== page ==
3. If you choose to live in a hurricane zone, then buy insurance or take your chances. Don’t expect the taxpayers of Minnesota to cover your losses.

    4. Drop the communal mentality that aims to force one course of action on everyone, paid for by one cosmic bank account: the taxpayers’. Don’t ask, “Should we go to Mars?” If you want to go, go—as a private venture, and stake a claim when you get there.

    5. Don’t meddle in others’ affairs. Don’t ask, “Should we ban this drug for arthritis because it has side effects?” Consult your doctor, not the government, and let others decide for themselves how severe their arthritis is and the risks they’re willing to take. Other peoples’ joints are none of your business.

    6. Don’t expect the government to look after your health. If you think certain foods will clog your arteries, then don’t eat them. Don’t call for a battalion of bureaucrats to control other people’s blood vessels.

    7. Don’t try to force your personal living standards on everyone by pushing for the government to ban harmless activities. If you don’t approve of gambling on the Internet, then don’t do it. Leave others alone if they choose to gamble and are causing you no injury.

    8. Don’t try to get a home for free. It’s not free. Get a job and pay for it. Don’t force others to pay a premium on their homes so that you can get yours at their expense. If you want affordable housing, then support the deregulation of the industry, which will lower the prices for everyone.

    9. If you default on a loan, accept the consequences, lick your wounds, and avoid making the same mistake again. Don’t expect the government to bail you out with money fleeced from taxpayers who made more prudent lending and borrowing decisions.

    10. Don’t try to get ahead by forcing people to give you special privileges. Your sex or race doesn’t qualify you for a degree or a job. Only merit does.

    11. Don’t look for a risk-free life. There is no such thing. If you buy a malfunctioning toaster, return it for a refund. If it is truly harmful, seek redress in court. But don’t unleash a squadron of inspectors to regulate every toaster on the planet, just to protect you from one defective cord.

    12. Don’t instigate laws to stifle your competitors or to give your business special government favors. If you can’t win customers by offering them the best products and services in a free market, then close up your shop and get a job working for a competitor who can.

    13. Don’t force people to support your pet causes. They are entitled to use their money to support their own causes. Look for private funding—not government grants—to find a cure for a disease, to produce a play, or to preserve an old mansion. The government has no business giving you charity with money that it uncharitably seizes from other taxpayers.

    14. Don’t support laws to control your employers. They’re covered by the Constitution, too. They have the right to decide whom to hire, what to pay, and how long a lunch break will be in the businesses they own. If you don’t like the terms, go elsewhere—and work to loosen the regulatory noose around business’s neck, so you’ll find better job opportunities.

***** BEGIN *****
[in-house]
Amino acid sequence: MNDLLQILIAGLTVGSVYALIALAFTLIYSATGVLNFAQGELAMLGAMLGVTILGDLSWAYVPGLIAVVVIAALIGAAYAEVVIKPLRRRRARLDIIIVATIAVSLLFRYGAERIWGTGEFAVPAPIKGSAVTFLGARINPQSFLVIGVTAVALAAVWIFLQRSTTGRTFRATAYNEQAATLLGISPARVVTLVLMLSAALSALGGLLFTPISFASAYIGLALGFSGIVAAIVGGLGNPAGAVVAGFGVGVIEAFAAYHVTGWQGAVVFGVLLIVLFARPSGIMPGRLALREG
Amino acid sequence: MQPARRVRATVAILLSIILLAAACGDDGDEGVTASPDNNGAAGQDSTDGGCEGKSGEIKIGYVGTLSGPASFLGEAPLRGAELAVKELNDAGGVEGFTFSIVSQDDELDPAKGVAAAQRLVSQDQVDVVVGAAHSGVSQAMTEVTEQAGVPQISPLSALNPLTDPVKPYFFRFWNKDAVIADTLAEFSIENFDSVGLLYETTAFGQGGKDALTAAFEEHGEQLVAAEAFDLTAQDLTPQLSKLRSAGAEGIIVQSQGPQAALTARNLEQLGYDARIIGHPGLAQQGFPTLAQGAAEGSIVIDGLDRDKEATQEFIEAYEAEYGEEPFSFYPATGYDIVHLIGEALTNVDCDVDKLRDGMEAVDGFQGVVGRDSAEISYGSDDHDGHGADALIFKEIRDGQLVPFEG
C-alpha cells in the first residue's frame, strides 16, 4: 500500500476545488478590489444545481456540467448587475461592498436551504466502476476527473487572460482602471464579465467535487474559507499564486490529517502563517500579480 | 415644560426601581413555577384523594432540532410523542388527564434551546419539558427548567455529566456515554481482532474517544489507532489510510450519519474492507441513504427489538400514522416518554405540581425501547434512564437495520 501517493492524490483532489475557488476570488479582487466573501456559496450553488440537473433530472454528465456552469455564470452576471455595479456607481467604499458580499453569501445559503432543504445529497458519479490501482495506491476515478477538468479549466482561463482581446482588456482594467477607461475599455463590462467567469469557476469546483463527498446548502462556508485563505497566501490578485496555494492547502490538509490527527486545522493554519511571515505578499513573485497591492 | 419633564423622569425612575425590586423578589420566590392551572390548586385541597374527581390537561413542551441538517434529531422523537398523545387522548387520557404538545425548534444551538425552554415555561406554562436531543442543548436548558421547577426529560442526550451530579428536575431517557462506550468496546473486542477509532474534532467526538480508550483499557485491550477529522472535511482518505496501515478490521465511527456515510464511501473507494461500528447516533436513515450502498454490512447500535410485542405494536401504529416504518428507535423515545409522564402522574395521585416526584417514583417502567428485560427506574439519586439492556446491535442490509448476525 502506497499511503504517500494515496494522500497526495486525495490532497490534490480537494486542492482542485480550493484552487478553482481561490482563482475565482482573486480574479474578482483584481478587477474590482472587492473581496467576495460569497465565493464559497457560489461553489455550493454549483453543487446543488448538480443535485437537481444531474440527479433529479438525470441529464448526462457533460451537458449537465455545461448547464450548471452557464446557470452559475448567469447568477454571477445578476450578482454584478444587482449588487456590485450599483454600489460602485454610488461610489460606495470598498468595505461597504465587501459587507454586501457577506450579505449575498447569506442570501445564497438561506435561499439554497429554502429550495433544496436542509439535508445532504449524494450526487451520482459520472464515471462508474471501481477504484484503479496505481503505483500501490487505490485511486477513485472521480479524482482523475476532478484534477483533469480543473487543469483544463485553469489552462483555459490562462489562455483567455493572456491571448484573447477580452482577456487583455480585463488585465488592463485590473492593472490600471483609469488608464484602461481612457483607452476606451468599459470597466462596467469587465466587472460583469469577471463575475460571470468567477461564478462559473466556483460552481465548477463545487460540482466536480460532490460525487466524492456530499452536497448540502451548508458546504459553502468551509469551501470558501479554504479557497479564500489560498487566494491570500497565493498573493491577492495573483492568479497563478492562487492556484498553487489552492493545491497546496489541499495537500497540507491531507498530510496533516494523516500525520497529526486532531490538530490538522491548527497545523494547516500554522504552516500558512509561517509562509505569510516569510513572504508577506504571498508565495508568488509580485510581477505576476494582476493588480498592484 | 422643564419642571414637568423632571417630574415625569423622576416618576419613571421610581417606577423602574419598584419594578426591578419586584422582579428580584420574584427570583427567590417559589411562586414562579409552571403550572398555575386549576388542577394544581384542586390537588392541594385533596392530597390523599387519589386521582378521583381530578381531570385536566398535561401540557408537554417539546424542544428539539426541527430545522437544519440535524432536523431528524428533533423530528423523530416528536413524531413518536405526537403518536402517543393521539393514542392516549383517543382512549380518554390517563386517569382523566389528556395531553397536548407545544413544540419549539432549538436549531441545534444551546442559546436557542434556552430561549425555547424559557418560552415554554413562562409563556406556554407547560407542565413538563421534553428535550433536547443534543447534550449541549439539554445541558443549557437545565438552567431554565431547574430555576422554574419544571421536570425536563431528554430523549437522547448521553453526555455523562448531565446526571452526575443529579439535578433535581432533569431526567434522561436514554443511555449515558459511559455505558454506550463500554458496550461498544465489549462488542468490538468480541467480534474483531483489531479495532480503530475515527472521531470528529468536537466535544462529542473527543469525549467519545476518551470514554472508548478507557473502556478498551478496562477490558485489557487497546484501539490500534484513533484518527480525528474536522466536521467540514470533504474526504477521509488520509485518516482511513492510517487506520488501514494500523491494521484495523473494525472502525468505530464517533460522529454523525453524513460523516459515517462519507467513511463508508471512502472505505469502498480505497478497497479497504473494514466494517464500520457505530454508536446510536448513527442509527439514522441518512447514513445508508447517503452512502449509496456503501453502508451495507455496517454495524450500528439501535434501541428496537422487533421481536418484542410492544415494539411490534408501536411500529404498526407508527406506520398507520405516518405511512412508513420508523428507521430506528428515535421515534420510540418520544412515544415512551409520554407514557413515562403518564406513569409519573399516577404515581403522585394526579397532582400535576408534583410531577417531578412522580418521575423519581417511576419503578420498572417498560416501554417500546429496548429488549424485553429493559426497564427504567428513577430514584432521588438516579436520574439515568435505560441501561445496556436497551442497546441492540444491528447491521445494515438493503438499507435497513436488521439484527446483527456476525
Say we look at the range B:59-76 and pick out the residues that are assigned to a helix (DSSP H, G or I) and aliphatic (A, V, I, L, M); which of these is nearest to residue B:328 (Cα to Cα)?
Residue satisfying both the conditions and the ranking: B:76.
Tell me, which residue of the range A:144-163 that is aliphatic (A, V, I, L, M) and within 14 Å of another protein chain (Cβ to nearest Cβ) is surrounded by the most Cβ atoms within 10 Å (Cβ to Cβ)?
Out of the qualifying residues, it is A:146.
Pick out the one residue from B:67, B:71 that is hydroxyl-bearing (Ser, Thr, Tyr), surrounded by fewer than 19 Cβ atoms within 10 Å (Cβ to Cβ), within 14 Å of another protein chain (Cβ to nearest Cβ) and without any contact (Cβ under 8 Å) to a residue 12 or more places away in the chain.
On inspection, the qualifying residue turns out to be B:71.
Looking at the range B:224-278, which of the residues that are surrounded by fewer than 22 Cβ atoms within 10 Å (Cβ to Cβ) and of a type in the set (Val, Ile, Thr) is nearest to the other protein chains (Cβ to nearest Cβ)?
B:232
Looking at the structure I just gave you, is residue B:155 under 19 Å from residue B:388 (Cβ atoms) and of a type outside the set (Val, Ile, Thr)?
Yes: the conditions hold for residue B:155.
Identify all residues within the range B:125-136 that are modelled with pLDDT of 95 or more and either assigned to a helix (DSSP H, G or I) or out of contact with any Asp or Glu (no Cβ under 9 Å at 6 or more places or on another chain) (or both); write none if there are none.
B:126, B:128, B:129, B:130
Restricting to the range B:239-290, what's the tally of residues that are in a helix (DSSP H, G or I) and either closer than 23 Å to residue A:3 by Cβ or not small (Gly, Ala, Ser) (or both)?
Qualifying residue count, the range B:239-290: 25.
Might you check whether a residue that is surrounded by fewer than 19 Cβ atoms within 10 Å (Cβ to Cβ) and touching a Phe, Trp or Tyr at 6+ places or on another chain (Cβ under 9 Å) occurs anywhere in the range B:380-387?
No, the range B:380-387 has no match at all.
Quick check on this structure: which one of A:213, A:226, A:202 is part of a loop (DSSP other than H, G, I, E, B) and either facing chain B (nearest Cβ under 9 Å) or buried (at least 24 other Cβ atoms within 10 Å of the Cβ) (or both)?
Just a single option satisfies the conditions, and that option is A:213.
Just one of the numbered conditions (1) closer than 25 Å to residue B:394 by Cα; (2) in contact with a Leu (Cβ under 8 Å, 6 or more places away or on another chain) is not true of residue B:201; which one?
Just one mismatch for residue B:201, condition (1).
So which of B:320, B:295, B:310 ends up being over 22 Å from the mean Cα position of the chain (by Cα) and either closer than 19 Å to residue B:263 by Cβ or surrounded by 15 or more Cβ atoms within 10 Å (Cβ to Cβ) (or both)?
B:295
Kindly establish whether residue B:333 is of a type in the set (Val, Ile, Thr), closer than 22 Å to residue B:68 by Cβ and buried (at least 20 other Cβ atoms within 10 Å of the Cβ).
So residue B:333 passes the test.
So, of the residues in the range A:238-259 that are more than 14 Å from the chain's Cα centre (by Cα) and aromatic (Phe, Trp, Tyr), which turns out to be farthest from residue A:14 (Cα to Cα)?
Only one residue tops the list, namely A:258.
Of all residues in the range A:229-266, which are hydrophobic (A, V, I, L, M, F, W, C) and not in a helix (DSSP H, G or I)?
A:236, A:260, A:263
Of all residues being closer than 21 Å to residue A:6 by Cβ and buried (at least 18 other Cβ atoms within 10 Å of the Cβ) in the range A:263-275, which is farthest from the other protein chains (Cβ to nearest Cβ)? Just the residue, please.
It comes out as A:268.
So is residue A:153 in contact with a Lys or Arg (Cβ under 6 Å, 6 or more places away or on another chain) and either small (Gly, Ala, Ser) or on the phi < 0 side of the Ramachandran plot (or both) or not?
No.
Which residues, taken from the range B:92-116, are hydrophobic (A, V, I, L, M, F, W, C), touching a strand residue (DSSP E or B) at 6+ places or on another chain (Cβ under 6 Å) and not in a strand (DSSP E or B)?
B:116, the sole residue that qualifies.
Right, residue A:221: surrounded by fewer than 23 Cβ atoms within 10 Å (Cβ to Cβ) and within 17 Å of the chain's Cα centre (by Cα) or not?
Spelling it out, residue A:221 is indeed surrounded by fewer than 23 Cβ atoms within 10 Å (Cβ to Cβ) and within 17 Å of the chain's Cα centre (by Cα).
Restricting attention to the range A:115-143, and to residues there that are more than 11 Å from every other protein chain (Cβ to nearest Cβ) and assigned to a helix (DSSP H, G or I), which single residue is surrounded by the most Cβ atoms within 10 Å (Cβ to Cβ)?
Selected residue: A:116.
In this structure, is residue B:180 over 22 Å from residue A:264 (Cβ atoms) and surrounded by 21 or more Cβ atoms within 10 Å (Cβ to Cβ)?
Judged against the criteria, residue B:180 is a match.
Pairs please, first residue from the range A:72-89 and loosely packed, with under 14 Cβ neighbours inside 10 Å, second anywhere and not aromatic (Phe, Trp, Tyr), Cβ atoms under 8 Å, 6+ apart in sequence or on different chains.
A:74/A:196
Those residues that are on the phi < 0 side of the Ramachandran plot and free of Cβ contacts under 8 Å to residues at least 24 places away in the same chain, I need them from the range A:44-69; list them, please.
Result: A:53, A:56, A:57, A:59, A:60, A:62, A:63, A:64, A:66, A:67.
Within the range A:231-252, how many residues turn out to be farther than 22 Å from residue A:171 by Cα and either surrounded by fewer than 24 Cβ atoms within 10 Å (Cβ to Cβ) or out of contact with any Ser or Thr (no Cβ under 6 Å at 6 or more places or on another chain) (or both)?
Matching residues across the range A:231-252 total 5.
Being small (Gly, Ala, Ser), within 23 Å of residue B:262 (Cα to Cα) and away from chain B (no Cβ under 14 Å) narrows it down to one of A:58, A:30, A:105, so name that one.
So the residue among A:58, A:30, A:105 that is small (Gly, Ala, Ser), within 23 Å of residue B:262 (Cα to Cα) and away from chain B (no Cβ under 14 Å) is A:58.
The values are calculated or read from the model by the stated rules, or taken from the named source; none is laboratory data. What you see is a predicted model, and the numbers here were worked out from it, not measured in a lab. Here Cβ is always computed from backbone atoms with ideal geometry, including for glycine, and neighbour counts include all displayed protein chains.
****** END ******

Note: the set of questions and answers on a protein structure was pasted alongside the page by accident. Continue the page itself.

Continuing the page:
15. Don’t expect any guarantees in life. There are none. You can lose your job, your investments can fail, and your fiancé can leave you. You have the right to pursue happiness, but no one ensures you’ll attain it. Stop trying to use the government to shield you from life’s risks.

    16. Stop shouting “Tax the rich!” The rich are also citizens whose rights are protected by the Constitution. The rich have the right to pursue their own happiness, not yours; and they are entitled to the fruits of their own labor, just as you are to yours. Instead of chipping away at the rights of the rich, redirect your energy to creating wealth and joining their ranks.

    17. Don’t campaign for the government to give you things for free. If it pays your medical bills, then it controls the treatment you’ll get or won’t get. There is no such thing as a free lunch, but there is such a thing as being swallowed by a shark.

    18. In short, recognize that every person—not just you—has an absolute right to his own life, liberty, property, and pursuit of happiness. Being a good citizen is like being a good neighbor: You live your life privately, and you respect others’ rights to do the same. You keep what you make, and they keep what they make. You don’t force your opinions, causes, needs, or problems on your neighbors, and they don’t force theirs on you.

    To live in a free society, each person must embrace the responsibility for his own life that comes with freedom. To defeat the creeping tyranny of the welfare state, we must rediscover the founding principle of America: the power, the moral rightness, and the glory of the individual as the master of his fate and the captain of his soul.

  2. Trung, somebody actually wrote that down as an economic theory? I suppose they get their place in history for coming up with a fancy name and being scholarly about it, but to me it sounds like inventing air.

  3. It’s easy to discredit the genius or insightfulness of someone’s observation or thinking when one lives in a community in which that insight has long been accepted as the norm. Myrdal was given the nobel prize for this and other contributions to economic science.